The Rugby World Cup is one of the most anticipated and watched sporting events globally. Every four years, teams from the four corners of the world come together to compete for the prestigious trophy.

However, behind this celebration of sportsmanship and athletic excellence lie significant environmental and social challenges. Which leads us to take a closer look at the impact of the Rugby World Cup on the environment and the efforts made to reduce its ecological footprint.

A large-scale sporting event, the Rugby World Cup presents the risk of creating a very harmful environmental impact if sustainable measures are not put in place to mitigate these consequences.

This is explained through different points, highlighting the environmental challenges that these events face:

  • CO2 emissions and pollution linked to travel:

The Rugby World Cup leads to a significant increase in travel for players, officials, fans and media across the world.

International flights and travel, whether by car or train, generate significant CO2 emissions, contributing to climate change and atmospheric degradation. What we have already had the opportunity to observe with the Football World Cup in Qatar.

For example, the travel of Wolfsburg club supporters to Germany would represent almost 60% of the club's total carbon footprint, according to estimates made by SAMI. In addition, and again according to the SAMI study, during Euro 2016 in France the share of travel also weighed heavily on the carbon footprint of the competition: travel to or from France represented 96 % of spectators' carbon footprint (i.e. 517,000 tonnes of CO2e). A fairly logical figure according to SAMI, since 36% of spectators came to France by plane and 33% chose the car.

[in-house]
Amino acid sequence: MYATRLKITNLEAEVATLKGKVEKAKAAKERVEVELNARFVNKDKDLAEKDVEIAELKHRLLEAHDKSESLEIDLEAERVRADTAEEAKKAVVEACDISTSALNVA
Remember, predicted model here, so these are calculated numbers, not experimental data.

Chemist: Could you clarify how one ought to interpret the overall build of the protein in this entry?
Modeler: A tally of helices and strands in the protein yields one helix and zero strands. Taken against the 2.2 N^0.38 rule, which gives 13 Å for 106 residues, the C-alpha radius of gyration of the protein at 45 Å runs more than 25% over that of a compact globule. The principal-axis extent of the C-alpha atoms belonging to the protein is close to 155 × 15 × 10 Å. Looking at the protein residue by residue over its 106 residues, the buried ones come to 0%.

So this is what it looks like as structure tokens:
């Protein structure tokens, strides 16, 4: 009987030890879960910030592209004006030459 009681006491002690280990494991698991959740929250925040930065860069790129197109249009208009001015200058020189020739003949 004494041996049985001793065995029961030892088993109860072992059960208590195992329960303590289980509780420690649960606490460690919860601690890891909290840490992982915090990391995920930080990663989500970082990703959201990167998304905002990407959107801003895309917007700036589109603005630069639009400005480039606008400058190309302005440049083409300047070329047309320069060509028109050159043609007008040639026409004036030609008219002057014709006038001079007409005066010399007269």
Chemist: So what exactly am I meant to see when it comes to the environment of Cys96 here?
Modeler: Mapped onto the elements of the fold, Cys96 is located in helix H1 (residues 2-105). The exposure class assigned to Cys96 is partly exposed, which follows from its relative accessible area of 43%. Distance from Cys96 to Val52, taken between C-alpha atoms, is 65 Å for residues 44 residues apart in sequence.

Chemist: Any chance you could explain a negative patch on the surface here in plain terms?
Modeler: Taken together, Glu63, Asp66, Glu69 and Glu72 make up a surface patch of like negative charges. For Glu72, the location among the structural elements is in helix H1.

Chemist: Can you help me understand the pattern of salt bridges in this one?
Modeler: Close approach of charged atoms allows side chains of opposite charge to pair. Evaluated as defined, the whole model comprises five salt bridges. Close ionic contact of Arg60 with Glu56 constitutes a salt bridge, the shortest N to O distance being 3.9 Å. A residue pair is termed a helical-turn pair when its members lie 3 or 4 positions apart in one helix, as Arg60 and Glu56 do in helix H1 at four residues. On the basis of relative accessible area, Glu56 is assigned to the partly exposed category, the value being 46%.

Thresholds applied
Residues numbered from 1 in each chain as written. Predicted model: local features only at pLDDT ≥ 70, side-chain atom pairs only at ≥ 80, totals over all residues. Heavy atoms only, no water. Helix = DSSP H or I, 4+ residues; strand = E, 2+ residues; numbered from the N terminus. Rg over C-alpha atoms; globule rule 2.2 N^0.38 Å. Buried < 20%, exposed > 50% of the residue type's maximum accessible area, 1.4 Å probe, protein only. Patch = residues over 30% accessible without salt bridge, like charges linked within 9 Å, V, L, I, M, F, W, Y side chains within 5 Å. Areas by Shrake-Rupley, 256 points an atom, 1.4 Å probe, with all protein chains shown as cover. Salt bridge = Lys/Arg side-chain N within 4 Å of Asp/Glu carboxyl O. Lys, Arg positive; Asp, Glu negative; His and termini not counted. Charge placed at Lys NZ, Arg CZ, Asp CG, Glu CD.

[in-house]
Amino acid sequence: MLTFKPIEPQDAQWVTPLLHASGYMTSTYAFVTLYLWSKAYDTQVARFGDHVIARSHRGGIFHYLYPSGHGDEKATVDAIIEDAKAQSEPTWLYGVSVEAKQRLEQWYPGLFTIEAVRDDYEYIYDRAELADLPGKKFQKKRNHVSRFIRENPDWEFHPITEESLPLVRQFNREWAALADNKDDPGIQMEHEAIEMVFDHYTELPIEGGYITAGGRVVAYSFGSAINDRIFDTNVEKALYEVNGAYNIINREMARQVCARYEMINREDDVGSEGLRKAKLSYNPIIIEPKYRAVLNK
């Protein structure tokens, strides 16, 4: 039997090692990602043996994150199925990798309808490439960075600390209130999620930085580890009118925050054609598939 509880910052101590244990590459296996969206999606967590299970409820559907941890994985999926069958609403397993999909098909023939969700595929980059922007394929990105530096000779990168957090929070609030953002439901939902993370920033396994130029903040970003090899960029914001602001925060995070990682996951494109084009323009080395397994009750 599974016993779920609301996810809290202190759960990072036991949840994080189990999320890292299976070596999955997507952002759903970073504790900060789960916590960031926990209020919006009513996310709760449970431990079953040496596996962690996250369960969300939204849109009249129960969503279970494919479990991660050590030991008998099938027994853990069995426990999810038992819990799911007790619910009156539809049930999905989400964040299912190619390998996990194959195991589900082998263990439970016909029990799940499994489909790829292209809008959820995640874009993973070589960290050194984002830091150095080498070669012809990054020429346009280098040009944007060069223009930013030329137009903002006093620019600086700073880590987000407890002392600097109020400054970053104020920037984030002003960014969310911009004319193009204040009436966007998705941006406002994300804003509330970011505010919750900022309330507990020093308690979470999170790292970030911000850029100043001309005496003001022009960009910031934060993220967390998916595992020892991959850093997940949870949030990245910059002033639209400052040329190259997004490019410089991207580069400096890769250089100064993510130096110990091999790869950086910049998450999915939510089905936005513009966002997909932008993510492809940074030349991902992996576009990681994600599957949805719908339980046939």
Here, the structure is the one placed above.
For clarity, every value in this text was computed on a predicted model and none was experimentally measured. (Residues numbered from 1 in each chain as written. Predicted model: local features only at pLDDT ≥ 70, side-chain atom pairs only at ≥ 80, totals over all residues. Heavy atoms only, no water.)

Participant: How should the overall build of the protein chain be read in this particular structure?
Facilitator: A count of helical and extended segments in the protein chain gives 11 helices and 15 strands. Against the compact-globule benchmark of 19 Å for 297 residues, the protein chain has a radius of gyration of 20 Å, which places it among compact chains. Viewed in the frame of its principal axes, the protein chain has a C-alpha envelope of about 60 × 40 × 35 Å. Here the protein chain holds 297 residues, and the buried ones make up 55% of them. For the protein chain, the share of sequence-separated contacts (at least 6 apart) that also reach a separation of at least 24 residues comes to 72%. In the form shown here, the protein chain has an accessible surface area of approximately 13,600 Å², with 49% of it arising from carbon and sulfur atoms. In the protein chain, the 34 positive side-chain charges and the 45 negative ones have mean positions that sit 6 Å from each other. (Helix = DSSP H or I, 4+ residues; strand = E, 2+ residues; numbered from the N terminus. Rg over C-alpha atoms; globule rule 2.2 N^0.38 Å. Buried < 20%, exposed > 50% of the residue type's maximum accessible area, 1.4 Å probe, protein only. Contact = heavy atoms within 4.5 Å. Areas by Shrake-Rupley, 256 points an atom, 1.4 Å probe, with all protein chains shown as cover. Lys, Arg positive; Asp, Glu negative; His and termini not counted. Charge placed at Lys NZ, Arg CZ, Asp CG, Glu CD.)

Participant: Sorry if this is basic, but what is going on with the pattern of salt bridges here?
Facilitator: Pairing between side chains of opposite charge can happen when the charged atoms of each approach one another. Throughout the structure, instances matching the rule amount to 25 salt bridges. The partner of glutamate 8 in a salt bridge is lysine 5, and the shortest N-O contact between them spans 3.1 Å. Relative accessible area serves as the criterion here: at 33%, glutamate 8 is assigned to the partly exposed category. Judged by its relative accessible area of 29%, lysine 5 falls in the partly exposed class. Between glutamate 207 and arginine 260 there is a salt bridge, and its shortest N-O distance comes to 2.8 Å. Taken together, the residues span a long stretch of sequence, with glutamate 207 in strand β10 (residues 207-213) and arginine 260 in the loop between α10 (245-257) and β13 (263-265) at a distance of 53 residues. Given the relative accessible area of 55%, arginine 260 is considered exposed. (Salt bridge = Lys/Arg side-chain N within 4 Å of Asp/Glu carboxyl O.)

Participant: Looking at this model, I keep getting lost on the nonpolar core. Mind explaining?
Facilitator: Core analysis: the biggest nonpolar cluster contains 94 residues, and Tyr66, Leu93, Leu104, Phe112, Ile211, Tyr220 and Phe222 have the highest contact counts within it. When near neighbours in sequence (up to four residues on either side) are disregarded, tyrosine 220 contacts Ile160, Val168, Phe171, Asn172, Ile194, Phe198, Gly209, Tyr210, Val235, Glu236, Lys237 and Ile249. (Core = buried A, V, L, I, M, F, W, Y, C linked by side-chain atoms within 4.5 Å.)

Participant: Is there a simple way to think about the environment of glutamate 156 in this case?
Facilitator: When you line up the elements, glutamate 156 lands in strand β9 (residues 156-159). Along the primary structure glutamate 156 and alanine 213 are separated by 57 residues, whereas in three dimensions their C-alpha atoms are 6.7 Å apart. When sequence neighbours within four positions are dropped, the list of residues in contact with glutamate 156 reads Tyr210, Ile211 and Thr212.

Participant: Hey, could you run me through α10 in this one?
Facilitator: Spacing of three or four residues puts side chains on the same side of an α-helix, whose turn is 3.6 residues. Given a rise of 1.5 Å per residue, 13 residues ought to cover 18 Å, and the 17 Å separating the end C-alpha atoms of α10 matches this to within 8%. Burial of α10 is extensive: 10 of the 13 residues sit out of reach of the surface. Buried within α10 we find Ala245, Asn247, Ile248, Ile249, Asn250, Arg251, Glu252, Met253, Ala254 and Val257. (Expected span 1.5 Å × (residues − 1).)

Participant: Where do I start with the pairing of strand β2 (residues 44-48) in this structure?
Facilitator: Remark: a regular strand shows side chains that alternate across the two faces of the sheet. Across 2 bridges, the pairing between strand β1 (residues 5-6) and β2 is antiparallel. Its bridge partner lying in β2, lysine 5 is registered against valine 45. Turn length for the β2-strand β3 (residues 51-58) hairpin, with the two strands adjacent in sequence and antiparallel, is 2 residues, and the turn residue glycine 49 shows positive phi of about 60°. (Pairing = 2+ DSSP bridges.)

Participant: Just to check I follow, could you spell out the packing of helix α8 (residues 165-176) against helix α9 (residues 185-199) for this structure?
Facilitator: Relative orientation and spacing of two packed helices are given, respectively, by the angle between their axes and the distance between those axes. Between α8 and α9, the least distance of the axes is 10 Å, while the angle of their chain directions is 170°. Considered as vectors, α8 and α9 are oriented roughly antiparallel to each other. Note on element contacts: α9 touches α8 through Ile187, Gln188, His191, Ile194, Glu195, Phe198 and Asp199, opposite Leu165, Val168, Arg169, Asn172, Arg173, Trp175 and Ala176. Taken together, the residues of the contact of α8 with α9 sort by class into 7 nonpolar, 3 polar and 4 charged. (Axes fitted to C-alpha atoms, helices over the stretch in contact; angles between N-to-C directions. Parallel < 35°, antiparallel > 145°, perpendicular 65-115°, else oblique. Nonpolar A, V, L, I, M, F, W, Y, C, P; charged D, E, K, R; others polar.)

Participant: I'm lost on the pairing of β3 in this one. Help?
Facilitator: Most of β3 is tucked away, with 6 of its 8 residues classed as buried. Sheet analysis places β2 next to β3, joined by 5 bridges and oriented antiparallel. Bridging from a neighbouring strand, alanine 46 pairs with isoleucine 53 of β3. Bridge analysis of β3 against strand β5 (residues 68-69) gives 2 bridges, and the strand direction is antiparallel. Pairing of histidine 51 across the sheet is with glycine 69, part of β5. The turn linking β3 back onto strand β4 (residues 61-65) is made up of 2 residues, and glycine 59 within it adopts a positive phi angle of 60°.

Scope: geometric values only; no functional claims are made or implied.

• Waste generated by events:

Stadiums and reception areas see crowds of thousands of people during the competition. This concentration of crowds inevitably generates significant waste: on average, each Ligue 1 or Ligue 2 match generates 10 to 11 tonnes of waste…

First of all, we find food packaging from refreshments and other points of sale. Meals and snacks served to spectators are often wrapped in single-use materials such as plastics and paper packaging, which can be difficult to recycle and inevitably end up in trash.

Additionally, plastic bottles represent another major waste problem because if these containers are not properly collected and recycled, they cause additional plastic pollution, especially if they end up in oceans and waterways , thus threatening marine fauna and biodiversity.

Additionally, there are other single-use materials such as cups, paper napkins and printed programs that contribute to the accumulation of waste during the event and require alternative solutions to be found to address it.

  • Pressure on local resources:

The organization of these events can also put a strain on local resources such as water, electricity and hospitality infrastructure because excessive use puts local ecosystems and communities at risk.

Based on this observation, the Rugby World Cup has chosen to act proactively by collaborating with all stakeholders in the organization of the event, with the aim of making this World Cup a model of sustainability. , inspiring other future events to also follow this responsible path. To do this, it adopted a strategy around 3 intrinsically linked axes.

  1. Priority to short circuits:

The Rugby World Cup France 2023 is taking action now for sustainable food by giving priority to local agriculture, as close as possible to consumers.

First of all, partnerships were established with local producers and regional farmers to supply the different areas hosting the competition. The food served during matches and festivities will come from environmentally friendly agriculture, favoring short circuits. This will reduce CO2 emissions linked to the transport of food over long distances, while supporting local economies.

Additionally, efforts have been made to encourage the use of organic and fair trade products. Strict criteria have been established to ensure that the food served meets high standards of quality and sustainability. At the same time, awareness campaigns are carried out to encourage participants and spectators to make responsible food choices.